The district court determined that the conduct of the sheriff’s office, while arguably “criminal or improper,” was not repugnant to a sense of justice because the underage purchaser “wore a cap identifying himself as a member of the compliance team, and was instructed to give correct information regarding his age if asked.” Detective Purvis testified that the sheriff’s office had instituted a policy of identifying its underage purchasers as members of the alcohol-compliance team in response to retailer concerns regarding entrapment. The record supports the district court’s determination.
Fitzpatrick admits that “there is no evidence of [her] will being overcome” by the sheriff’s office but argues that its motivation of enforcement of the statute was not sufficiently related to the purposes of crime prevention and protection of the populace to satisfy the James requirement. The district court determined that “there is no showing in the record that the police desired a conviction for any reason other than to prevent further crime.” Again, Detective Purvis testified that the compliance checks were a response to the problem of underage drinking in Blue Earth County and that the checks were an effort to both heighten awareness of the problem and to keep alcohol out of the hands of underage persons. The record supports the district court’s determination on this factor as well.
The district court did not err by determining that Fitzpatrick’s due-process rights were not violated.
The district court determined that the lack of an enforcement exception in the statute prohibiting the underage purchase of alcoholic beverages (Minn. Stat. § 340A.503, subd. 2(2)-(3) (2002)) is irrelevant. We agree. The violation at issue here is an illegal sale of alcoholic beverages, not an illegal purchase. Fitzpatrick was charged with violating the statute that makes it “unlawful for any person . . . to sell, barter, furnish, or give alcoholic beverages to a person under 21 years of age.” Id., subd. 2(1) (emphasis added); see Minn. Stat. § 645.16 (2002) (stating that “[w]hen the words of a law in their application to an existing situation are clear and free from all ambiguity, the letter of the law shall not be disregarded under the pretext of pursuing the spirit.”). The language of the statute regarding illegal sales is plain, and there is no dispute that Fitzpatrick violated it. Further, Fitzpatrick cites no authority for the proposition that even if the sheriff’s office aided and abetted a violation of the illegal-purchase provision, evidence of her illegal sale should be suppressed.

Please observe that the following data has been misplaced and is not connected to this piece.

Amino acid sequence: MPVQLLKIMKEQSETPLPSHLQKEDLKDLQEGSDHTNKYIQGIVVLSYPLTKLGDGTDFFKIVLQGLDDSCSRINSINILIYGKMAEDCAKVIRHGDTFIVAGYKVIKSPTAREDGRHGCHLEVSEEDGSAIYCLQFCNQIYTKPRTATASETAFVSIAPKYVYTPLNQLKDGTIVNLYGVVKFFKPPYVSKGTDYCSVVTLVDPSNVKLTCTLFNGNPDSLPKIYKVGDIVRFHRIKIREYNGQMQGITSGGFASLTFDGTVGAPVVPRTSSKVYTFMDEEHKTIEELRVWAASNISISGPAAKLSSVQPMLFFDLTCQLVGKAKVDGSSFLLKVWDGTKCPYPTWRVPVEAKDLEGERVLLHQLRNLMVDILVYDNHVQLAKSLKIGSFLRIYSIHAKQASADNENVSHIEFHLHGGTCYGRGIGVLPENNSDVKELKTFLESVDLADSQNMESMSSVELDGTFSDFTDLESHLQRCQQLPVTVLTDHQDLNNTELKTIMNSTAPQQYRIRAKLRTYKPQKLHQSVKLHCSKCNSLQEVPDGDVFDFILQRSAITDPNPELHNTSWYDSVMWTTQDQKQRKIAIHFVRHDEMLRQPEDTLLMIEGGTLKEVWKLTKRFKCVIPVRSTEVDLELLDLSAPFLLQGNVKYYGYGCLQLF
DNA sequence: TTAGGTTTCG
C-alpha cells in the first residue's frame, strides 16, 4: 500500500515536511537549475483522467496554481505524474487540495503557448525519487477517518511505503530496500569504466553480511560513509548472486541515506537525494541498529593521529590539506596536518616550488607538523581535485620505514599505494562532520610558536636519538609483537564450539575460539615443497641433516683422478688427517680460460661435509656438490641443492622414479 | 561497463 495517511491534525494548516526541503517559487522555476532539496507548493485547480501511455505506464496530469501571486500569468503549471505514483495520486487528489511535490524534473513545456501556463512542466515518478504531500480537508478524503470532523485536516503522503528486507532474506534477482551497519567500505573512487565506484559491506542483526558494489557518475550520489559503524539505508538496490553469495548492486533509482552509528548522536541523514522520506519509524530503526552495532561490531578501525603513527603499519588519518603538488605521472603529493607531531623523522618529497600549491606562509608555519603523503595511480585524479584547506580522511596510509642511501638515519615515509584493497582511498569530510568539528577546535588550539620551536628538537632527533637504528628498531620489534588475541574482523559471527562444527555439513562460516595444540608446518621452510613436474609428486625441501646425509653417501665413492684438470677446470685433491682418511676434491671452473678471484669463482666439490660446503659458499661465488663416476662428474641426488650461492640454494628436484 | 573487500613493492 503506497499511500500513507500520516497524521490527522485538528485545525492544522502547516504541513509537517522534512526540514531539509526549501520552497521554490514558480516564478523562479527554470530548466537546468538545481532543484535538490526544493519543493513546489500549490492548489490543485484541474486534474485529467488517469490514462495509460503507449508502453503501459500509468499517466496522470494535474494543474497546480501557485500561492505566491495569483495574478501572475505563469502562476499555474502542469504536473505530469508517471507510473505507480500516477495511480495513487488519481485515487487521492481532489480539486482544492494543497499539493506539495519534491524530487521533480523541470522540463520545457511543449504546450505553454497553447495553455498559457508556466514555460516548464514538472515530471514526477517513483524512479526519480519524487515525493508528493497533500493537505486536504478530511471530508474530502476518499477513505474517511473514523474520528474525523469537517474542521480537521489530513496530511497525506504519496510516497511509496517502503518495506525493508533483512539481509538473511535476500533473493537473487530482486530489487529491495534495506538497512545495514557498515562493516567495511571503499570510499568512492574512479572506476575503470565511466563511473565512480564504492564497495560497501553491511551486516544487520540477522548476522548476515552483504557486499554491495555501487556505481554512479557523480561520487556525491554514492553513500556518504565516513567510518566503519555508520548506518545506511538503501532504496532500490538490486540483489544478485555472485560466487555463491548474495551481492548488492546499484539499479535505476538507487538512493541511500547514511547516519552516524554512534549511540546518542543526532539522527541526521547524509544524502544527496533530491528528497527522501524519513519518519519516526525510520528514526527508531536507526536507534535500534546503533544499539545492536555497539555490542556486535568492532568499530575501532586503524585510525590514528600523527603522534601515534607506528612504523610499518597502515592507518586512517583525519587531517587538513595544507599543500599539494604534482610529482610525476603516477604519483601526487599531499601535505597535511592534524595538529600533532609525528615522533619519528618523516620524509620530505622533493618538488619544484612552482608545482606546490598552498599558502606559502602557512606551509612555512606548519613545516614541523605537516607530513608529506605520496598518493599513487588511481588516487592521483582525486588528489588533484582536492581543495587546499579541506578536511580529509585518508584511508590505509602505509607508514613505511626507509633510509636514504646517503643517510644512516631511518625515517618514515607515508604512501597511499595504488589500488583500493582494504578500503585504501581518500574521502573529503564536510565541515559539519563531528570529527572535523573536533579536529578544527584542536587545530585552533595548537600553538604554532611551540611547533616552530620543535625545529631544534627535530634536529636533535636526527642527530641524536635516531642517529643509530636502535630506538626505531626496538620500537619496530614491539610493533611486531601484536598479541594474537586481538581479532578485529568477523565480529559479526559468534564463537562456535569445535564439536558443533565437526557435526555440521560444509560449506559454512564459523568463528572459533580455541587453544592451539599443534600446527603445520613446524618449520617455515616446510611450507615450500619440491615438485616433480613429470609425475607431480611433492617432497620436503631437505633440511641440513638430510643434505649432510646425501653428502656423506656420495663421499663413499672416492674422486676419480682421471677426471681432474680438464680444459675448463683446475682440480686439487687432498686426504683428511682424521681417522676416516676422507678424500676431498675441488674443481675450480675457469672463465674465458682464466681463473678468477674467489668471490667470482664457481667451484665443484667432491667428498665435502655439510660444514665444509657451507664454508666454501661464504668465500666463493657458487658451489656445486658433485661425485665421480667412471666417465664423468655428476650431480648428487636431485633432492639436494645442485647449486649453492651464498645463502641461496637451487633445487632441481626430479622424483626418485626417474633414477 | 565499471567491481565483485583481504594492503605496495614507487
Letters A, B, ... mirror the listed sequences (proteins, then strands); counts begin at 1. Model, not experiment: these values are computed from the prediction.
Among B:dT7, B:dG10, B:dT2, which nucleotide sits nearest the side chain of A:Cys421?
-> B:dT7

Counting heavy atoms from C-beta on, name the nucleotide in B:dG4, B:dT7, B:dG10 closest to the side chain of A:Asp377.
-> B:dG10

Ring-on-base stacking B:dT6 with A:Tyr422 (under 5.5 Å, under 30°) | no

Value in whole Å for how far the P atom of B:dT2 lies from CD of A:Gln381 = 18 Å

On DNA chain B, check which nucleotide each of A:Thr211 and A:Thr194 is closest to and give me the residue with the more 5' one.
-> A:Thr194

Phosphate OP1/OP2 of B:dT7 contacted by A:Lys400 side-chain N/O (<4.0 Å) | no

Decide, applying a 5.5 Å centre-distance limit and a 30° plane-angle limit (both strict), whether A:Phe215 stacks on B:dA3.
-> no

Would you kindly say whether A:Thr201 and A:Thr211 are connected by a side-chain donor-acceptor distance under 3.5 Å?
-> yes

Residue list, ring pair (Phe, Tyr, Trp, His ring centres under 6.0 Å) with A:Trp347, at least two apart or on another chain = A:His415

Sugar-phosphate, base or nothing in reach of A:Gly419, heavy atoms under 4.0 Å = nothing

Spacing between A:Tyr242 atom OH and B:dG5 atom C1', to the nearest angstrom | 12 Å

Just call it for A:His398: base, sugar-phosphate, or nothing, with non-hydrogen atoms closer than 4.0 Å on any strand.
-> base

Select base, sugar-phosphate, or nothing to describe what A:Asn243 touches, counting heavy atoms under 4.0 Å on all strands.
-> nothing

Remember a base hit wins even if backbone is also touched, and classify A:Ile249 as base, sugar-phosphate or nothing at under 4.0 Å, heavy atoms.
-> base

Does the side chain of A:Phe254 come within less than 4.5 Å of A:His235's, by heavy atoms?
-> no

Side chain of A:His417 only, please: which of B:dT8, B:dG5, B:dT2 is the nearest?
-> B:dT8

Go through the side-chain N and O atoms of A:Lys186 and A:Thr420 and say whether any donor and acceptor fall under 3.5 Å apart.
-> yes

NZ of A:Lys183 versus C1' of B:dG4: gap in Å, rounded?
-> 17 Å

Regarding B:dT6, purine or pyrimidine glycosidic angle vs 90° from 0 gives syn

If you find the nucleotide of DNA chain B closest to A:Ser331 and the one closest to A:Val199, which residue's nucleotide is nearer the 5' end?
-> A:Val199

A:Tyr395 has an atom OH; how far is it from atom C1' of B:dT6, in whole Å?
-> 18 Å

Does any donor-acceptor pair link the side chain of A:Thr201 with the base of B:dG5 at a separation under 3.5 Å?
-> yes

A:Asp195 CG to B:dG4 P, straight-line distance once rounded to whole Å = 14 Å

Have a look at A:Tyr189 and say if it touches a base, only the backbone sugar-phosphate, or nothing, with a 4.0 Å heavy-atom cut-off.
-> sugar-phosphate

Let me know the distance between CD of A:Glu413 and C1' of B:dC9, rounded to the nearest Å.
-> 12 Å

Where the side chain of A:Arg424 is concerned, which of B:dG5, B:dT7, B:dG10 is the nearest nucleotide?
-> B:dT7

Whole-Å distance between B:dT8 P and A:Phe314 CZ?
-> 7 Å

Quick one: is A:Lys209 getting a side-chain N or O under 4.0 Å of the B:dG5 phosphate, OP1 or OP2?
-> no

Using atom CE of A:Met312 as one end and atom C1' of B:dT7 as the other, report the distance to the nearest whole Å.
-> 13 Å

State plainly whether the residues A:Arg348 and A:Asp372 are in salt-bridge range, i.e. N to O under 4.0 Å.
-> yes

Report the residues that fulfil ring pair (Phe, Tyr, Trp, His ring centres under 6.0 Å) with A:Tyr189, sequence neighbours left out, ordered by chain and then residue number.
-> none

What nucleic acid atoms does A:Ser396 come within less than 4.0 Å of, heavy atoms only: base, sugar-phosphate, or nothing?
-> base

We also address an argument that the district court chose not to consider but that Fitzpatrick has revived on appeal. Fitzpatrick argues that the constitutional principles relating to unreasonable searches and seizures should apply here. Specifically, she urges this court to find that an objective, individualized, articulable suspicion of criminal wrongdoing on the part of an employee of an alcoholic-beverage retailer is a prerequisite to a valid compliance check. Because the sheriff’s office did not have an individualized suspicion that Fitzpatrick was selling alcoholic beverages to underage persons, she argues that its conduct was unconstitutional and that the district court should have suppressed the evidence.
But there is no authority to suggest that search-and-seizure jurisprudence is “relevant to cases in which the government has encouraged the defendant to commit a crime.” Ford, 276 N.W.2d at 182-83 (stating that only the doctrines of entrapment and the due-process defense are relevant to such cases). The extension of existing law is the task of the supreme court or the legislature, not of this court. Tereault v. Palmer, 413 N.W.2d 283, 286 (Minn. App. 1987), review denied (Minn. Dec. 18, 1987). Further, merely entering an alcoholic-beverage retail establishment to buy beer is neither a “search” nor a “seizure” for constitutional purposes.
Finally, Fitzpatrick argues that the compliance check deprived her of a fundamental liberty interest in her employment. But because she raises the issue for the first time in her brief on appeal, we do not review the issue. See Roby v. State, 547 N.W.2d 354, 357 (Minn. 1996) (stating that “[t]his court generally will not decide issues which were not raised before the district court, including constitutional questions of criminal procedure”).
* Retired judge of the Minnesota Court of Appeals, serving by appointment pursuant to Minn. Const. art. VI, § 10.